Written Answers. - Telecommunications Services.

Bernard J. Durkan

Question:

91 Mr. Durkan asked the Minister for Communications, Marine and Natural Resources if he is satisfied with Ireland's international rating in the area of broadband/wireless technology; if he has further satisfied himself that adequate investment, research and development is taking place to ensure this country keeps in step with competitors; and if he will make a statement on the matter. [10864/03]

My Department is striving to improve Irelands international competitiveness in the communications sector. The provision, promotion and pricing of communications infrastructure and services, including Internet access, is a matter for the private sector companies that operate in the fully liberalised telecommunications market. My responsibility is for public policy in the sector within which these companies operate. The widest possible availability of competitive services has traditionally been an important objective of Irish telecommunications policy.

My Department is exploring the potential of satellite and wireless based technologies to promote the deployment of broadband access in Ireland, particularly in remote areas. Pilot projects utilising VSAT and Wireless LAN technologies in diverse user communities, to assess their suitability as a platform for the delivery of advanced broadband services in the regions are currently under way. Five projects have been recommended for funding of €260,510. It is intended that the projects will run from January to October 2003.

My Departments primary role regarding research and development in the telecommunications and information technology areas arises through the digital hub project in Dublin as well as in funding technology pilot projects on a nationwide basis. The Deputy will be aware that both the Department of Education and Science and the Department of Enterprise, Trade and Employment have the primary responsibility for research and development nationally.

Joe Costello

Question:

92 Mr. Costello asked the Minister for Communications, Marine and Natural Resources if he has given further consideration to measures to improve competition among broadband and Internet providers; and if he will make a statement on the matter. [10820/03]

One of the key objectives of the regulatory framework governing the telecommunications sector is to improve competition among operators in the sector. The regulatory framework includes a number of provisions to enhance competition among broadband and internet providers. Among these provisions is the requirement on operators with significant market power in the fixed public telephone networks to allow unbundled access to the local loop. This provision is important in enabling the competitive provision of DSL services to customers. Competition in the supply of DSL services is now under way in the Irish market.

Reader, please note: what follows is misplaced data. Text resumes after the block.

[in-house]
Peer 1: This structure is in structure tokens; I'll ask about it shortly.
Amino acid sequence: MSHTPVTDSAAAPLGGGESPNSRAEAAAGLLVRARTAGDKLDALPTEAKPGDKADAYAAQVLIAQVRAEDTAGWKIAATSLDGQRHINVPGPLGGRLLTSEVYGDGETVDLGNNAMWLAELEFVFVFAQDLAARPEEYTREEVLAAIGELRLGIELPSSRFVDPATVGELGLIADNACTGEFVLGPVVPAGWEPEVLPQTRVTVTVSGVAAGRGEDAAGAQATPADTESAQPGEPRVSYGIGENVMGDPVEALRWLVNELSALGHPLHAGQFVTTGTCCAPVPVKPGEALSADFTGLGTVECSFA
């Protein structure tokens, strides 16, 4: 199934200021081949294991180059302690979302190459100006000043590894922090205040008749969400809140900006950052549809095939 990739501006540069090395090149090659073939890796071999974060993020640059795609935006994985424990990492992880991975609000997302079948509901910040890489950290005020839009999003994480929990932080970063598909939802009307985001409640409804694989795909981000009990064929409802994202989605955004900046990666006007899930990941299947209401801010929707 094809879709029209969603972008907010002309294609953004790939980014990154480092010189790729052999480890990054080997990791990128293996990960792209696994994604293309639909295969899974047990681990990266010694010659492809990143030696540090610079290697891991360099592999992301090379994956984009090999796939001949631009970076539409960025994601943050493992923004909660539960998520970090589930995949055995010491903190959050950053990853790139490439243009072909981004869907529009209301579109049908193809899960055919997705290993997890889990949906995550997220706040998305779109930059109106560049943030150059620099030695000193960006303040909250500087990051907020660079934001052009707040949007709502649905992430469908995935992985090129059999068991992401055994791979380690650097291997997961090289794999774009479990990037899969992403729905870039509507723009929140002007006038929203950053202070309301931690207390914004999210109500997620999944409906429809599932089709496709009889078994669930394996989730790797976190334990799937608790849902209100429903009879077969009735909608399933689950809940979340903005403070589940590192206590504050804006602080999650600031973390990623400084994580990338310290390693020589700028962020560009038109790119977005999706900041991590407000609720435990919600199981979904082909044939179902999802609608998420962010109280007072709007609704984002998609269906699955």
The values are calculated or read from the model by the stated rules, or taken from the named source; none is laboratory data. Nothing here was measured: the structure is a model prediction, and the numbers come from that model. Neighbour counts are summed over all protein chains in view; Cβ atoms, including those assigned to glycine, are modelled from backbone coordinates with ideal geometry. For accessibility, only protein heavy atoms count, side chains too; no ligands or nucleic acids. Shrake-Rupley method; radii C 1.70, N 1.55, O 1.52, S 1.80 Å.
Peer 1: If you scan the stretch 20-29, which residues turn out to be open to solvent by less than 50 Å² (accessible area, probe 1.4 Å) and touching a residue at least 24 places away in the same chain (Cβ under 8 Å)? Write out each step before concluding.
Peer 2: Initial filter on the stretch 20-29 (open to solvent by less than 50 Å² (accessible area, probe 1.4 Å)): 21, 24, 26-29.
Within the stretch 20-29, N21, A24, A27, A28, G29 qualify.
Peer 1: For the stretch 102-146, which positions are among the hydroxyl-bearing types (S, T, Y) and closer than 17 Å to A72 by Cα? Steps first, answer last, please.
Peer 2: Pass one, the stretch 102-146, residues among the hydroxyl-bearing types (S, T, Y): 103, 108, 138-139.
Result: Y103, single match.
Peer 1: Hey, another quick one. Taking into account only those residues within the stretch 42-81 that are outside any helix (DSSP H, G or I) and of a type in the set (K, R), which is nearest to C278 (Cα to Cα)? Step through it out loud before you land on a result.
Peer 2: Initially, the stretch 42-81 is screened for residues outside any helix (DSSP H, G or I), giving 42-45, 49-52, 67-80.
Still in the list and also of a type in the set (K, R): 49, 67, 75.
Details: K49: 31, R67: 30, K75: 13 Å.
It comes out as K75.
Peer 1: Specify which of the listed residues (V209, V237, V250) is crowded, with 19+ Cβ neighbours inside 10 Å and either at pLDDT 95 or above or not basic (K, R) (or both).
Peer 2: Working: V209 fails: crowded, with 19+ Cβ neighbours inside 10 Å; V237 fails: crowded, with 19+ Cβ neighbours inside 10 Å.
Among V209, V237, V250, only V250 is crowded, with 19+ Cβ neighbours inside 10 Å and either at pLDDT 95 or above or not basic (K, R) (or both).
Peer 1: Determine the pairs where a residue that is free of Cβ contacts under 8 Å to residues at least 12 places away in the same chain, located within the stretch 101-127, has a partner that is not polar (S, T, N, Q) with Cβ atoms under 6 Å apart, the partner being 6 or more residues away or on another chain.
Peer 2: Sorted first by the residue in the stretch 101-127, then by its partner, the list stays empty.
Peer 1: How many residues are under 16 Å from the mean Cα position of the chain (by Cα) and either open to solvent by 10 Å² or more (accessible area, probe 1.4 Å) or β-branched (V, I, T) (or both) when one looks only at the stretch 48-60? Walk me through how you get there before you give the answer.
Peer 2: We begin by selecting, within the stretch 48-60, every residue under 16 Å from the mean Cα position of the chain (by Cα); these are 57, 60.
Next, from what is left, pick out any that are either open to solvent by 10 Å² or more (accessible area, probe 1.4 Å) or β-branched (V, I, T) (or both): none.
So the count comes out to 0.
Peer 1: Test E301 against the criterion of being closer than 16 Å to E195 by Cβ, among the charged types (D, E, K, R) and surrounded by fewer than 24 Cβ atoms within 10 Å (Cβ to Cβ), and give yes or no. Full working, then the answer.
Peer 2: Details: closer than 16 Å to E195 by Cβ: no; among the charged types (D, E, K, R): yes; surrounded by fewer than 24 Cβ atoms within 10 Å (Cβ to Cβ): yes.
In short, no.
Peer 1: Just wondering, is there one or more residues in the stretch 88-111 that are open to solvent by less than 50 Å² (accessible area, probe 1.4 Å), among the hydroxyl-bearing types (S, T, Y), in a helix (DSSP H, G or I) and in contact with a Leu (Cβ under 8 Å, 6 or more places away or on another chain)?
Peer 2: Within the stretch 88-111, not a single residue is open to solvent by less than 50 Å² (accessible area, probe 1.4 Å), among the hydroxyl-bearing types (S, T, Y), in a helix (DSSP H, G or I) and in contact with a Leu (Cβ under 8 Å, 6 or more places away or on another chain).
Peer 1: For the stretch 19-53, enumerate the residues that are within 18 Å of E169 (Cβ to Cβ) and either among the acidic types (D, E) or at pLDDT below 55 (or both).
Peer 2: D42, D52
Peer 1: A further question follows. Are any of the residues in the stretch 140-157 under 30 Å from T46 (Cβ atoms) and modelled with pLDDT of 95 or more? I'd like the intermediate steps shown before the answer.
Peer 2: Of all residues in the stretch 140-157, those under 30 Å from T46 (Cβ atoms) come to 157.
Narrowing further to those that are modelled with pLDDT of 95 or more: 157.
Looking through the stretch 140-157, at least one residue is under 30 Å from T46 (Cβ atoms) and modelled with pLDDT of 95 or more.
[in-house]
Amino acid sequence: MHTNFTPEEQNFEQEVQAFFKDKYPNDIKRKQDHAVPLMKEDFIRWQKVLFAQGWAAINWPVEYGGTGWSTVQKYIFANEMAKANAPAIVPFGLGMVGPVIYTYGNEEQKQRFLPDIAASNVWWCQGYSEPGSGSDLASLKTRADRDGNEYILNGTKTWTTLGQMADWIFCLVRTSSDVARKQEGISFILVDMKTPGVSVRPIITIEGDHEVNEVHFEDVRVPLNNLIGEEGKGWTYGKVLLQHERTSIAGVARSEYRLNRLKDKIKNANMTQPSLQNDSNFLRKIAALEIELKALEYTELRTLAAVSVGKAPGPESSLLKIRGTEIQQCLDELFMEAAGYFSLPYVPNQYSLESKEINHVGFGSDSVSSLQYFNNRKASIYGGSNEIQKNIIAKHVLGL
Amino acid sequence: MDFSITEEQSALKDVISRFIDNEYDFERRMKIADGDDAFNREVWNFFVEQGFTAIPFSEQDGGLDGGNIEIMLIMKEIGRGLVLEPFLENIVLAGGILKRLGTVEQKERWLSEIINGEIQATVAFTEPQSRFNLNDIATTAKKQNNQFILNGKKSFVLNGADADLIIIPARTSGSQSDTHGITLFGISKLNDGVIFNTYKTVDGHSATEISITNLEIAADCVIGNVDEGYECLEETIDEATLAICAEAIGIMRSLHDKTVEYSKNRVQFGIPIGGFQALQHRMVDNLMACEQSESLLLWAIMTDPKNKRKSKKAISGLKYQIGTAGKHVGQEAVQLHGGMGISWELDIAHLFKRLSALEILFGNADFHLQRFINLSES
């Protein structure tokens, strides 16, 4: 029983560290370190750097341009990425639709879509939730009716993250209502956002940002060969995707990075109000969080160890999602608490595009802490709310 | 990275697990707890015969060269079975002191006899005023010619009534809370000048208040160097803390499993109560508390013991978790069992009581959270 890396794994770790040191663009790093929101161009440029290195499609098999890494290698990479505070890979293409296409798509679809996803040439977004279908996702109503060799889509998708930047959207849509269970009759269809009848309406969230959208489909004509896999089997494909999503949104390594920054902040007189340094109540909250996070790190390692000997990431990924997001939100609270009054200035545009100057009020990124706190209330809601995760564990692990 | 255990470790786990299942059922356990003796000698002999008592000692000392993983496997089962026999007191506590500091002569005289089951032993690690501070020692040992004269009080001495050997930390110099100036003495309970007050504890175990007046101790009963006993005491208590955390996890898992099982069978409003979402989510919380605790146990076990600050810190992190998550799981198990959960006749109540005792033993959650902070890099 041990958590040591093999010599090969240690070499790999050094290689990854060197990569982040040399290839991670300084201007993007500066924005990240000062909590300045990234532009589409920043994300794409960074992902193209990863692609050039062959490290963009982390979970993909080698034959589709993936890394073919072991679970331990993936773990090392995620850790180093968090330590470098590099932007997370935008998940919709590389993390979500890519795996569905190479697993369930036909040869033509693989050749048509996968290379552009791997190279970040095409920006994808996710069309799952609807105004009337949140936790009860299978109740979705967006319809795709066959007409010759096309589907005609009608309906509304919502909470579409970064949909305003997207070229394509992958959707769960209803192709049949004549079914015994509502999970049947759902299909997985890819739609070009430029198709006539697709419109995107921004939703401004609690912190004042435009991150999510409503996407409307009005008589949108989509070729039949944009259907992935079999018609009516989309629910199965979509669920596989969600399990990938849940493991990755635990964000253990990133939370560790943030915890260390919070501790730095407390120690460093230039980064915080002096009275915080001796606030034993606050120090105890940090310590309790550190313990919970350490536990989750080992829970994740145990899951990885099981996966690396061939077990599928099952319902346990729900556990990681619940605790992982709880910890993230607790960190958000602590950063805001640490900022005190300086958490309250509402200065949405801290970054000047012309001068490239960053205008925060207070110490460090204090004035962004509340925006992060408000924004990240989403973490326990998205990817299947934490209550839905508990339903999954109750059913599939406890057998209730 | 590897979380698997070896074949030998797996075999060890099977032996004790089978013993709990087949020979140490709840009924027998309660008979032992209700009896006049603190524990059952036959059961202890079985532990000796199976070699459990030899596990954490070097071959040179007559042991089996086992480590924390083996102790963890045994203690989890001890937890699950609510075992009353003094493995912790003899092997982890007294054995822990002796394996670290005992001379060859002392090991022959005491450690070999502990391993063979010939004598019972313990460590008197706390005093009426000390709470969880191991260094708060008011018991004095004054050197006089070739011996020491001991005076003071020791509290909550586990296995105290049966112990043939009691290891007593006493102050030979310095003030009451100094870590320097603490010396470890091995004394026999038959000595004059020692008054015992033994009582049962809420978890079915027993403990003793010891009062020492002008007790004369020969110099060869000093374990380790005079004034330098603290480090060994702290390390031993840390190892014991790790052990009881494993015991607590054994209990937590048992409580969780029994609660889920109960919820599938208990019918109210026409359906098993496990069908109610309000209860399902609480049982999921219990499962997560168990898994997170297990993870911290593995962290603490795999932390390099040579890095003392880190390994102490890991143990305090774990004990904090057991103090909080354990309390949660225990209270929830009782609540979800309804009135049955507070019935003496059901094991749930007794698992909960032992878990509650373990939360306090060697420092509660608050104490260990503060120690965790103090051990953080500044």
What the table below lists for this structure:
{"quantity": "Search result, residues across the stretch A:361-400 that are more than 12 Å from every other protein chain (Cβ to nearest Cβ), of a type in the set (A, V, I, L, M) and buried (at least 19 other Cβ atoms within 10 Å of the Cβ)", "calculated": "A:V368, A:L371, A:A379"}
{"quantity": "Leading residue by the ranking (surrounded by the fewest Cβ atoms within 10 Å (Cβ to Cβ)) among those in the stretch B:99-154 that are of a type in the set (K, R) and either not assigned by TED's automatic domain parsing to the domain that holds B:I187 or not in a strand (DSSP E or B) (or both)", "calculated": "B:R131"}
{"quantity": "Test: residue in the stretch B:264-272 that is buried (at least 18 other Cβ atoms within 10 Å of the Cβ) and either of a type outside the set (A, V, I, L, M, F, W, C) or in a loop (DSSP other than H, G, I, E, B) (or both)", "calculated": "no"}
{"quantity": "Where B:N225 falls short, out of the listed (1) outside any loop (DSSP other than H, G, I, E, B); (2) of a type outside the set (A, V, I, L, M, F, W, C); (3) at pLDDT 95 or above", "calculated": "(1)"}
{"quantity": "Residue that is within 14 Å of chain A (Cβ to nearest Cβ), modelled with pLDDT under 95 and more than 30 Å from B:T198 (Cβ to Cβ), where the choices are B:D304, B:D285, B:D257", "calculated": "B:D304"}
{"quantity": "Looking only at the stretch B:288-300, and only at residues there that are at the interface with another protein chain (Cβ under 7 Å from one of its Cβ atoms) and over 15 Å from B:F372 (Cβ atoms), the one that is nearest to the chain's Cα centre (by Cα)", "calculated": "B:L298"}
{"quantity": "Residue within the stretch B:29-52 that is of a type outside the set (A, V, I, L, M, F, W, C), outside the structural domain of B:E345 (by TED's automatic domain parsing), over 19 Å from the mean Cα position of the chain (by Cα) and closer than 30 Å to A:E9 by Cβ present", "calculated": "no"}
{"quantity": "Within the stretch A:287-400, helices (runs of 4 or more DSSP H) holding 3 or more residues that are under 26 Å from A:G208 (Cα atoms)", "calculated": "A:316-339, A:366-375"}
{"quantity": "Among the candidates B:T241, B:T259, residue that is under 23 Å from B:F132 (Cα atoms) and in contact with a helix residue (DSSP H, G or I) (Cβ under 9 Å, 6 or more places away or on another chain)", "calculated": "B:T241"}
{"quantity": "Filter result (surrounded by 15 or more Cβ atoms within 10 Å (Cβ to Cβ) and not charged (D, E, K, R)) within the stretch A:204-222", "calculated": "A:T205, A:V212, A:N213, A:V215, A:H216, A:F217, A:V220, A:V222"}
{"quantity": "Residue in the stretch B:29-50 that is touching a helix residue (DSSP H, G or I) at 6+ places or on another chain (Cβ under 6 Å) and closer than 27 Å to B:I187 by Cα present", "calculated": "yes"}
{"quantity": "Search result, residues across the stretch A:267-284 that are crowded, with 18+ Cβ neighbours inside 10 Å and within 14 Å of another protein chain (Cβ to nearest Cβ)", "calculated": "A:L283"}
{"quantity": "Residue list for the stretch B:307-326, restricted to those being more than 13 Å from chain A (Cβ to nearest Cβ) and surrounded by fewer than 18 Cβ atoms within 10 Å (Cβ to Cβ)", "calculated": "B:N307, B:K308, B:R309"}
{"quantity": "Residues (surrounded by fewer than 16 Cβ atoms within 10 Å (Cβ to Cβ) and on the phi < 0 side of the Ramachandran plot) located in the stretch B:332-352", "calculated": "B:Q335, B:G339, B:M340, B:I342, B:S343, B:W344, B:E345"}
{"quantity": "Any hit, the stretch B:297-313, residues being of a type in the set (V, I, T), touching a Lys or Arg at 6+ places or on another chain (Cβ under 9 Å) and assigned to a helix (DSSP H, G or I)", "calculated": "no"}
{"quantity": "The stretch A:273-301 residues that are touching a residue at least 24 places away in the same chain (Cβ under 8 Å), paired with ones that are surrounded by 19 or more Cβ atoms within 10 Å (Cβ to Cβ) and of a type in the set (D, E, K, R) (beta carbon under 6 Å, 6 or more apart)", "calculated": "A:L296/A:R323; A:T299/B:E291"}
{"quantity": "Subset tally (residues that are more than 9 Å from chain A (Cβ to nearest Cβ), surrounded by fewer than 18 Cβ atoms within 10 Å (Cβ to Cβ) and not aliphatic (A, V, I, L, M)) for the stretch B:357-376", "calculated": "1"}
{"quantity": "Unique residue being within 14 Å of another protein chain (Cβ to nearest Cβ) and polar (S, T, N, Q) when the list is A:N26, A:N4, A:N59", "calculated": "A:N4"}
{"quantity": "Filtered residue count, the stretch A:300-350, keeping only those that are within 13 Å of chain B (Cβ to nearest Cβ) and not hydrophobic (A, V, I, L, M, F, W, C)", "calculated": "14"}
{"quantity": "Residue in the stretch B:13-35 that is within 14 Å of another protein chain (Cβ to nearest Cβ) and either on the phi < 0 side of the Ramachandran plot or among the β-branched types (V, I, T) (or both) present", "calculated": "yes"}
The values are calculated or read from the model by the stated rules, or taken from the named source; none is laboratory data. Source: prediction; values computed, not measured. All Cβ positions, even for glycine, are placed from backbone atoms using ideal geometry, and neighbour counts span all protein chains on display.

In relation to dial-up access to the Internet, competitive provision of flat-rate dial-up services will shortly be in place in the Irish market. This follows my policy direction to the Commission for Communications Regulation to put in place the provision of retail flat-rate dial-up internet access services. Comreg used its powers to bring about the provision by Eircom of what is known as FRIACO, a wholesale service to operators to enable flat-rate retail products to be offered to consumers.

The regulatory framework has recently been reformed at EU level and currently my Department is engaged in the transposition of the Electronic Communications Regulatory Package into Irish law. Transposition of the new framework into national law must be completed by 25 July this year and I expect that Ireland will have completed the necessary work on time.

This new regulatory framework is intended to provide a coherent, reliable and flexible approach to the regulation of electronic communication networks and services. The framework focuses regulation on areas where competition is insufficient and provides a lighter regulatory touch where markets have become more competitive. It will be a matter for Comreg to evaluate the state of competition in the sector, including the provision of broadband and internet access and, as appropriate, to impose regulatory obligations in order to bring about effective competition.

My Department's programmes under the national development plan also facilitate the development of competition in relation to broadband and Internet provision. My Department has run a number of programmes of targeted intervention in recent years. Under the National Development Plan 2000-2006, approximately €200 million was allocated under the two regional communications and e-commerce measures. Funding under these measures is intended to leverage and accelerate investment in competitive advanced information and communications infrastructure and services.
The broadband programme announced in March 2002 will result in the construction of open access metropolitan area fibre optic networks in upwards of 19 towns around the country. By reducing the cost of access to fibre rings, these networks will facilitate competition and the provision by the private sector of "always on", low cost and high speed internet access to consumers, educational establishments, industry and business. The recent announcements of Eircom and Esat BT in relation to the provision of DSL services as well as the launch of wireless broadband facilities are an encouraging sign of developing competition in the Irish market.